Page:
Trippe, Juan Terry
EntrepreneurEnshrined 1970 1899-1981
Trippe believed that one of his unique responsibilities was to assure that aviation would serve every person on every continent by bringing international air travel within the means of the average person. He said, “The true objective is to bring to the life of the average man those things which were once the privilege of the fortunate few.”
- In 1923, Trippe organized his first airline: Long Island Airways.
- Formed Pan American Airways in 1927, their first route was flown between Key West, Florida and Havana, Cuba.
- One of Trippe’s greatest successes was the spanning of the Atlantic and Pacific oceans in the 1930s. These routes were pioneered in mighty Boeing and Martin Clippers.
- After the war, his company flew the first commercial Pan Am plane flight around the world, thus opening up more flights to various countries.
- Trippe ordered the first super jets that went into service in 1970.
- Pan Am purchased National Airlines in 1974, acquiring domestic routes for the first time, meeting one of his goals before his death.
Juan Terry Trippe was born in Seabright, New Jersey, on June 27th, 1899. Trippe began his career in aviation initially in the domestic air transport business. After serving as a naval aviator during World War I, Trippe graduated from Yale University in 1922. He first joined an investment banking firm. Then, he founded Long Island Airways in 1923. In 1924 he helped organize the Colonial Air Transport and served as its first managing director. Colonial was awarded the first domestic airmail route by the Federal Government, which linked Boston, Hartford, and New York. Trippe held mail pilot license number 58 as a backup for the company’s regular pilots.
In 1926 Trippe sought to extend Colonial to the west and to the Caribbean stockholders overruled him. Enraged, Trippe and his associates, nearly all World War I pilots, resigned and founded Pan American Airways. This company was the first international airline, and which initially operated between Florida and Cuba.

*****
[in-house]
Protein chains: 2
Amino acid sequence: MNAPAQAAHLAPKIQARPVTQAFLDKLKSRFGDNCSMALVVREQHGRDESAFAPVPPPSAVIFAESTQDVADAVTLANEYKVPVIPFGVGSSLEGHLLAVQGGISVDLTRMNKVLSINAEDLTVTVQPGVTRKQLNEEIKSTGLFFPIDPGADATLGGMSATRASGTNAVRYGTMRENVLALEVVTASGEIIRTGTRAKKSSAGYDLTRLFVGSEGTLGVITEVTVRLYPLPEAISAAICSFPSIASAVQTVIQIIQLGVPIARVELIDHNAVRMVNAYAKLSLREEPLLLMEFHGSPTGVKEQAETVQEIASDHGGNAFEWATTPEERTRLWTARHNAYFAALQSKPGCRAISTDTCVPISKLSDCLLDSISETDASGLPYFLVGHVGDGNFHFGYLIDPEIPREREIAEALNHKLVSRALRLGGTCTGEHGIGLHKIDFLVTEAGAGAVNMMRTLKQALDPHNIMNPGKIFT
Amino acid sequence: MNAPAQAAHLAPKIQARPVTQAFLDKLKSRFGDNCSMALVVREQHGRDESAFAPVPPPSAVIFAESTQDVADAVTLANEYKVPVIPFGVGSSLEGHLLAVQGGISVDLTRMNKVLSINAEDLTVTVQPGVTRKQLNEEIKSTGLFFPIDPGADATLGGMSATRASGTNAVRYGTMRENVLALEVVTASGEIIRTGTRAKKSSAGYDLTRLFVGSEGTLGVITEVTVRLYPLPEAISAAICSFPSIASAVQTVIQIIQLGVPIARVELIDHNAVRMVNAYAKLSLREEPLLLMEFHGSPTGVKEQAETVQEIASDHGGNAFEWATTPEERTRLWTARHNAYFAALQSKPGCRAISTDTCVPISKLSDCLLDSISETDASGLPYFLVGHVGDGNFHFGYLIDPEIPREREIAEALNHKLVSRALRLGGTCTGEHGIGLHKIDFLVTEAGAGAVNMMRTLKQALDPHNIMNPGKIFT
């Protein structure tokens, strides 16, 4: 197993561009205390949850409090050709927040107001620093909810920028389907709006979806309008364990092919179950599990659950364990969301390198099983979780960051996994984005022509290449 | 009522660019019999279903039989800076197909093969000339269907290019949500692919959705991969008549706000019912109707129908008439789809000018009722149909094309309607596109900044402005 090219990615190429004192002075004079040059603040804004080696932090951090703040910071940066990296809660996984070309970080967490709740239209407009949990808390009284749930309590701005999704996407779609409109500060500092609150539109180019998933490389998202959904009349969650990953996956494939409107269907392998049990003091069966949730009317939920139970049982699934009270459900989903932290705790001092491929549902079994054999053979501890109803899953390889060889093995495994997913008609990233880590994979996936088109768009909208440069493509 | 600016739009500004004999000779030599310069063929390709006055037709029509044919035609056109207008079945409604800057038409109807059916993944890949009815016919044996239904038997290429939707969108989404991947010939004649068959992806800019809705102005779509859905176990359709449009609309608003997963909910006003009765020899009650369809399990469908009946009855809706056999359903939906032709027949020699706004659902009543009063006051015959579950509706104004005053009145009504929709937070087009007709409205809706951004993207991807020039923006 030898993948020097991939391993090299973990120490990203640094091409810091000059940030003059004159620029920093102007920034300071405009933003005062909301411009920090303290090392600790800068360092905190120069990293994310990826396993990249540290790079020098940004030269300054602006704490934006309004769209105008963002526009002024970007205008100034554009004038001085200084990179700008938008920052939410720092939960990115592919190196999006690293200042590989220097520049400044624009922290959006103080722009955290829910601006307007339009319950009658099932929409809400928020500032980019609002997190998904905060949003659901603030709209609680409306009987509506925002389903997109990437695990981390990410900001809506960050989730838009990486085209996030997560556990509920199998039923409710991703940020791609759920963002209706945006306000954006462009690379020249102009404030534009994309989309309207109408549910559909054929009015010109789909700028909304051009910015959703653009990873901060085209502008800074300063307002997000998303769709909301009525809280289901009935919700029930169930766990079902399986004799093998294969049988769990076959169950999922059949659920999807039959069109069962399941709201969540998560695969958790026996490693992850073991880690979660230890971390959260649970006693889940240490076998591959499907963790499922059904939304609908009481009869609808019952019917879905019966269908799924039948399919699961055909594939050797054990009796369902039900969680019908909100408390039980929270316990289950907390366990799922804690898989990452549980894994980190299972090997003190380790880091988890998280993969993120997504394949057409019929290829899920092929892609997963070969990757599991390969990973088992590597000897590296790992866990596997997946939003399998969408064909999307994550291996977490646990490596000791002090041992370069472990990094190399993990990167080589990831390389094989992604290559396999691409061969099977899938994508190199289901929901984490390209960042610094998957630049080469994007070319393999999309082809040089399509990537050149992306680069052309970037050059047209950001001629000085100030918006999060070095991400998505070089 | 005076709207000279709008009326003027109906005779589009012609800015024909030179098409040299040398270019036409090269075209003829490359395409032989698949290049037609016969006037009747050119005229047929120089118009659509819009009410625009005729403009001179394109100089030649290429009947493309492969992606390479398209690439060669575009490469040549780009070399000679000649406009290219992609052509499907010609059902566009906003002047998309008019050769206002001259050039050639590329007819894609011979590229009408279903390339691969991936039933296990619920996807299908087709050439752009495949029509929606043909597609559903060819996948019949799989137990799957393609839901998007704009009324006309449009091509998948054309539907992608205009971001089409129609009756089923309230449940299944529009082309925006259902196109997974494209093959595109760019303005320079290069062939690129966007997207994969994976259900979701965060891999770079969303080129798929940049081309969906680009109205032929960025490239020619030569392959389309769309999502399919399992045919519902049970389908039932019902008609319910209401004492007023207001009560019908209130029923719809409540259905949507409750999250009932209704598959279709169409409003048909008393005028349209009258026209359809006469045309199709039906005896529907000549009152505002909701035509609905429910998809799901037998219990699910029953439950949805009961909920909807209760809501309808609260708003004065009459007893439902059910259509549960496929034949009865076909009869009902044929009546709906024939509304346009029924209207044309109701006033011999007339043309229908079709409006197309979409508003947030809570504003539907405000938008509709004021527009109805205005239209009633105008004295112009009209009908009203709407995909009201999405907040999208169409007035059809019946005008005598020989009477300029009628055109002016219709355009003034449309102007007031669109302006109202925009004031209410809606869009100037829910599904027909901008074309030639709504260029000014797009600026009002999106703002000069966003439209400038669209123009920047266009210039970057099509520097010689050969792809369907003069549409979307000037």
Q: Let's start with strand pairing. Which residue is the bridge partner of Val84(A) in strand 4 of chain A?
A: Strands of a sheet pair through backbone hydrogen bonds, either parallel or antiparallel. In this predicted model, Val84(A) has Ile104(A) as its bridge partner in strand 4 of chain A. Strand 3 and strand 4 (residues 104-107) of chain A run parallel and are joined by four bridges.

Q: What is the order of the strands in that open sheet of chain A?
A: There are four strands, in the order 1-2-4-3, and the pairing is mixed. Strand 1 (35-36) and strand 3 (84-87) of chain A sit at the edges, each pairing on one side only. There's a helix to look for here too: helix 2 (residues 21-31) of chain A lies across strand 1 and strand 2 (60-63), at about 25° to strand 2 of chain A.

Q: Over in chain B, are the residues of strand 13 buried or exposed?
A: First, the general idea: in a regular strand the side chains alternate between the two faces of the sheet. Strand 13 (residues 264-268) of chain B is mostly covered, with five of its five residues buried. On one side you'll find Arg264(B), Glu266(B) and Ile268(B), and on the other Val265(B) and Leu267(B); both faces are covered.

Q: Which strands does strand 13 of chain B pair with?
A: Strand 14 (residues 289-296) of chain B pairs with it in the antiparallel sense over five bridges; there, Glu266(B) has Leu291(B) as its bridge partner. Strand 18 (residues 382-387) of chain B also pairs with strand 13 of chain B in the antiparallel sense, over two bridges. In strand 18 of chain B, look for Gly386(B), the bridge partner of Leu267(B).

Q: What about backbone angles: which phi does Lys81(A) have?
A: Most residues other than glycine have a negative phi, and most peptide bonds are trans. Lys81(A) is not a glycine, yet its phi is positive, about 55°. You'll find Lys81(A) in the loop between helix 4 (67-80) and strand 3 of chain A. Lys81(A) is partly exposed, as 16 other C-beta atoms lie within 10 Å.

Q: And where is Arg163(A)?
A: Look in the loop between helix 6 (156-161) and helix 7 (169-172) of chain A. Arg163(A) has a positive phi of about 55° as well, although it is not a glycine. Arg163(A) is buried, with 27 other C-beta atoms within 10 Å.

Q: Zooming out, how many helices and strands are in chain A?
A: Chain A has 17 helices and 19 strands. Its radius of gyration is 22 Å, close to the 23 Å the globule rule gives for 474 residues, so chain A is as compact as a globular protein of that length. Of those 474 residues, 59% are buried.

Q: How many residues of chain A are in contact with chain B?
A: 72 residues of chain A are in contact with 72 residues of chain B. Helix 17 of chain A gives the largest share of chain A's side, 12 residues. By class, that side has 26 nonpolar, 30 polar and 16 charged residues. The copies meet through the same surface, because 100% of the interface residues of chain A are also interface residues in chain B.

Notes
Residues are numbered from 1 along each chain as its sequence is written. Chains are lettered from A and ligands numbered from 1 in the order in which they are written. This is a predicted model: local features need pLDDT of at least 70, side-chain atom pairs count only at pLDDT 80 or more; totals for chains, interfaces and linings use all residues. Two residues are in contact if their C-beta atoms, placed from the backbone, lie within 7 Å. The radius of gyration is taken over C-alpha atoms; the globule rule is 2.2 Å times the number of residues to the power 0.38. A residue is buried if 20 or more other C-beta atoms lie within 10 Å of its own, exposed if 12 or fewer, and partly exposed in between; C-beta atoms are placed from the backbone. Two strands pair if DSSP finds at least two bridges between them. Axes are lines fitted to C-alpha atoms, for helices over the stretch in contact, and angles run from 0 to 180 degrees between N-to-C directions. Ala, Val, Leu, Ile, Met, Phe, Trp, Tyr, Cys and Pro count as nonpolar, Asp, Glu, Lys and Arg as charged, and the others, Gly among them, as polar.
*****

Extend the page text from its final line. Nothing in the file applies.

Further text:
A year later, in 1927, a Fokker trimotor took off from Florida for the Caribbean to inaugurate international air service under the American flag. He expanded the route into Central and South America in 1928-29, and pioneered in connecting service for railroads, use of multi-engine landplanes, two-way radioes, weather reporting, onboard navigators and cabin attendants, multiple flight crews, and hot meals served aloft. In 1931, Trippe had the great circle route across the Pacific explored, launched the first of a series of “clipper” flying boats, and began service to East Asia in 1936. The first scheduled transatlantic flight was made in 1938. In 1935, Juan Trippe was the first to inaugurate air service over a major ocean (the Pacific) for mail, passengers, and cargo. Martin Flying Boats maintained scheduled service to Hawaii, the Philippines, and Hong Kong. Two years later he inaugurated service to distant Australia. In 1939, he was the first to inaugurate air service across the Atlantic. After the attack on Pearl Harbor, the company continued service over both major oceans. During World War II, the company established service across the South Pacific to carry men and materiel to the fighting fronts, and in 1942 a Pan Am plane made the first commercial flight around the world. He introduced around-the-world service in 1947, direct flights to South America in 1948, low-cost tourist fares in 1952, transatlantic jets in 1958, around-the-world jets in 1959, and jet air freighters in 1963. In 1955, Trippe was the first to place orders for the big jets that have revolutionized air travel. Three years later, these American-built jet transports inaugurated service across the Atlantic and the Pacific, to Latin America and Africa and around the world. In later years, Trippe was the first to order the supersonic Concorde. He also reserved deliveries for the largest fleet of American SSTs. Trippe placed the first and to date by far the largest, order for the huge 500-passenger subsonic jets.
When he retired, Pan Am served 85 nations on six continents, and he was the nation’s most decorated citizen. He received many foreign government decorations, 23 in all. These decorations have been conferred on him by numerous nations of Europe and South America, the Middle East and East Asia.
On behalf of his own grateful nation President Truman awarded Trippe the Legion of Merit for his work during World War II. He also received four major aviation awards: the Guggenheim Medal, the Collier Trophy, the Harmon Trophy and the Wright Brothers Memorial Trophy.
Juan Trippe married Betty Stettinius on June 16th, 1928 and made his home in New York City until his death in April of 1981.
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